The Guatemalan government rejects 40% of recommendations at crucial UN human rights review. Amidst a delicate electoral context, NGOs urge the government to cooperate in good faith with UN bodies and implement key recommendations to address attacks against human rights defenders, justice officials, and discrimination against Indigenous Peoples, women, and LGBTIQ+ persons.
(New York) – Human rights organisations today celebrated growing support for the recognition that governments must investigate and prosecute those responsible for extrajudicial, summary, and arbitrary executions, no matter what group is a target.
The UN General Assembly’s Third Committee adopted resolution A/C.3/69/L.47 by a wide margin, which is introduced biennially and urges States to protect the right to life of all people. Significantly, the resolution calls upon States to investigate killings based on discriminatory grounds, including killings that target people based on their sexual orientation or gender identity, their race, their immigration status and other aspects of identity, such as migrant status.
The resolution was introduced by the government of Finland and co-sponsored by 62 additional states, compared to 35 states the last time it was approved in 2012. The support came after a concerted effort by non-governmental organisations to ensure the successful adoption of the resolution, culminating in a joint letter by 30 NGOs to all States.
‘It is wonderful to see growing support for the protection of the right to life for all human beings. In particular, the support for this resolution builds on the success of the recent Human Rights Council resolution in September 2014, recognizing that combatting violence and discrimination on the basis of sexual orientation and gender identity is a priority for the UN,’ said Kim Vance, Co-Director, ARC International.
The resolution urges protection from extrajudicial, arbitrary, and summary executions, in particular for groups that have been highlighted in reports from the UN expert on these issues as particularly at risk for such violence (the Special Rapporteur on Extrajudicial, Arbitrary, and Summary Executions).
For the past 14 years, the resolution has urged States ‘to investigate promptly and thoroughly all killings, including… all killings committed for any discriminatory reason, including sexual orientation.’ In 2012, the term ‘gender identity’ was added to the list of categories vulnerable to extrajudicial killings. It is the only resolution at the General Assembly to make specific reference to sexual orientation and gender identity.
‘Today’s vote is another sign of growing acceptance by governments that they must uphold basic human rights for all – and that means no one is excluded because of who they are, whether involving sexual orientation and gender identity or race or any other identity. In particular, when it comes to the worst atrocities, governments must investigate and promptly prosecute those responsible. It is simply unacceptable that any government would countenance violence against people based on who they are or who they love. It’s time that all governments accept the basic universality and promise of human rights for everyone,’ said Jessica Stern, executive director, International Gay and Lesbian Human Rights Commission.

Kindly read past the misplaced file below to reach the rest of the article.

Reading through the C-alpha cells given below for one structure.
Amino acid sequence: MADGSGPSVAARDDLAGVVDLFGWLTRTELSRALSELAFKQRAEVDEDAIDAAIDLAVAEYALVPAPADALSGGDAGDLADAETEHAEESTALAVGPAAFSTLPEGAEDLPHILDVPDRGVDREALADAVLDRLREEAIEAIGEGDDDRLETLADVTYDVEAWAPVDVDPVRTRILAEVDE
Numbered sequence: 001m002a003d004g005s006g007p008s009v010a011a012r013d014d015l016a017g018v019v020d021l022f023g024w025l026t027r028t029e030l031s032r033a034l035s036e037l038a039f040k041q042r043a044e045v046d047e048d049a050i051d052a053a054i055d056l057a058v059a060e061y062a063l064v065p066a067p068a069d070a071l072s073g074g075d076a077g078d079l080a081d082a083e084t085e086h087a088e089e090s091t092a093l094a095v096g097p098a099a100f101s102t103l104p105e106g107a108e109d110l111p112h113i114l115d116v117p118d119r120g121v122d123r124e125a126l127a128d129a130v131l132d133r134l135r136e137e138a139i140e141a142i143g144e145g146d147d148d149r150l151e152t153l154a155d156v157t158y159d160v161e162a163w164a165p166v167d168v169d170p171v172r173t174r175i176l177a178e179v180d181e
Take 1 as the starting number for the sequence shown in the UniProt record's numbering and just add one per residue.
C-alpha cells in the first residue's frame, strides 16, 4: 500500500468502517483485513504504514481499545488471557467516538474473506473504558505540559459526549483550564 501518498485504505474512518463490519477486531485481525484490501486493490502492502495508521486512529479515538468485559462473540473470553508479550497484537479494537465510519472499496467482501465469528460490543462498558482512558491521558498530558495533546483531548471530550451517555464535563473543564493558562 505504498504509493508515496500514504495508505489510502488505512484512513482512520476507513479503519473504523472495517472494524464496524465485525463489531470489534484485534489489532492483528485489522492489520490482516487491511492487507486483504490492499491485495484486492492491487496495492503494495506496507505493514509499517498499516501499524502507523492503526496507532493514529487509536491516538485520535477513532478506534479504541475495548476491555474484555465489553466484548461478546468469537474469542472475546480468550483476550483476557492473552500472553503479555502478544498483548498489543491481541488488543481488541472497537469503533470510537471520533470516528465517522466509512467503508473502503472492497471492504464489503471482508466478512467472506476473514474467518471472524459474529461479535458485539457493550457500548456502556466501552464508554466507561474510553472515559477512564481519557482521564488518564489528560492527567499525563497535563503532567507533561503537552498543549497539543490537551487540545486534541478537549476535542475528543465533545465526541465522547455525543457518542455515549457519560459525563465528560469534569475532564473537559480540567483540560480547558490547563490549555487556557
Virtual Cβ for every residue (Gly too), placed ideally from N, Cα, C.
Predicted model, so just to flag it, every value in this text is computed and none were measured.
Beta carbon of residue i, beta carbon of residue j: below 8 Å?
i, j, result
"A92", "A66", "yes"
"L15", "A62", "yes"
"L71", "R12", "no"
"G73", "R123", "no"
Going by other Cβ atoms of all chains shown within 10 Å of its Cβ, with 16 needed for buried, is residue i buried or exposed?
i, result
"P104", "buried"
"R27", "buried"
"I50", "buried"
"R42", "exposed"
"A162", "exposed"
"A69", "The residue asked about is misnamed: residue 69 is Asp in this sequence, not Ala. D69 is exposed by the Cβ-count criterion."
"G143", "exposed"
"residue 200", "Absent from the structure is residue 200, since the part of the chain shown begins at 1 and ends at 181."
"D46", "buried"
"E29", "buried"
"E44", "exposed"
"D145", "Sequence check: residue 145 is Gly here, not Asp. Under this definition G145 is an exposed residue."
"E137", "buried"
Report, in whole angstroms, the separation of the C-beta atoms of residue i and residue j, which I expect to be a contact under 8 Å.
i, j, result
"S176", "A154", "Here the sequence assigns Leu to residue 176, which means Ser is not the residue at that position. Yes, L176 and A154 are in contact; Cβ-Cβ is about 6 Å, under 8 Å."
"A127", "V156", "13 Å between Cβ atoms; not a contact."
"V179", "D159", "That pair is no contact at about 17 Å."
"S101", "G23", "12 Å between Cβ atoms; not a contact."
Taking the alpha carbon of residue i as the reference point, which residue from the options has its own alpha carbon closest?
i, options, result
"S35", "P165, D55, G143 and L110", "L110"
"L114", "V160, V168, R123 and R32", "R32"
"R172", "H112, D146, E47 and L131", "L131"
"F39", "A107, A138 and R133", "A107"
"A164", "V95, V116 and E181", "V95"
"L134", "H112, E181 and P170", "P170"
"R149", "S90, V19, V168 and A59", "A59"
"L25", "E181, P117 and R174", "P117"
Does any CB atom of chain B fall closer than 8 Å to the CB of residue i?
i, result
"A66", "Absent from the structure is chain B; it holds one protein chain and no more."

The resolution was adopted 111-1 with 63 abstentions. After the vote, Kiribati, the one dissenting voice, declared their intention to change their ‘no’ vote to abstention, and Kenya, whose representative had been absent during the vote, declared their intention to abstain.
‘All human beings have the right to life, regardless of who they are, and this includes their sexual orientation or gender identity. This vote shows that more and more states accept the basic and inalienable principle that all human beings have dignity and rights,’ said Ruth Baldaccinho, co-secretary general, International Lesbian Gay Bisexual Trans and Intersex Association (ILGA).
Egypt led an effort to weaken the resolution by introducing an amendment that would have removed reference to any of the groups particularly at risk of extrajudicial killings, including migrants, human rights defenders, street children, people under foreign occupation, and those targeted because of their race, sexual orientation, or gender identity. The amendment was defeated by a vote of 86 against, 53 in favor, and 24 abstaining. The amendment was nominally presented on behalf of the Organization of Islamic Cooperation (OIC), though both Albania and Turkey, members of the OIC, voted against the amendment. Albania is also a cosponsor of the resolution.
‘All the groups listed in the resolution face particular threats of extrajudicial, summary or arbitrary execution and for that reason they are specifically highlighted for attention. It is highly regrettable that some States were willing to pursue a tactic of excluding some groups for particular attention by excluding the whole list. It is essential that GA Member States are steadfast in their commitment that everyone, without discrimination, is protected from extrajudicial, summary or arbitrary execution,’ said Eleanor Openshaw of the International Service for Human Rights.
In his final report to the Human Rights Council as Independent Expert, Victor Madrigal-Borloz emphasises that freedom of religion and belief and freedom from violence and discrimination based on sexual orientation and gender identity are fully compatible under international human rights law.
On 15 June 2022, the National Assembly of Niger passed a law on the rights and duties of human rights defenders. This makes Niger the fourth African country to adopt such a law. However, for the law to produce the desired effects, it must be widely known and understood by all stakeholders. The establishment of an independent and inclusive protection mechanism will ensure the full implementation of the law.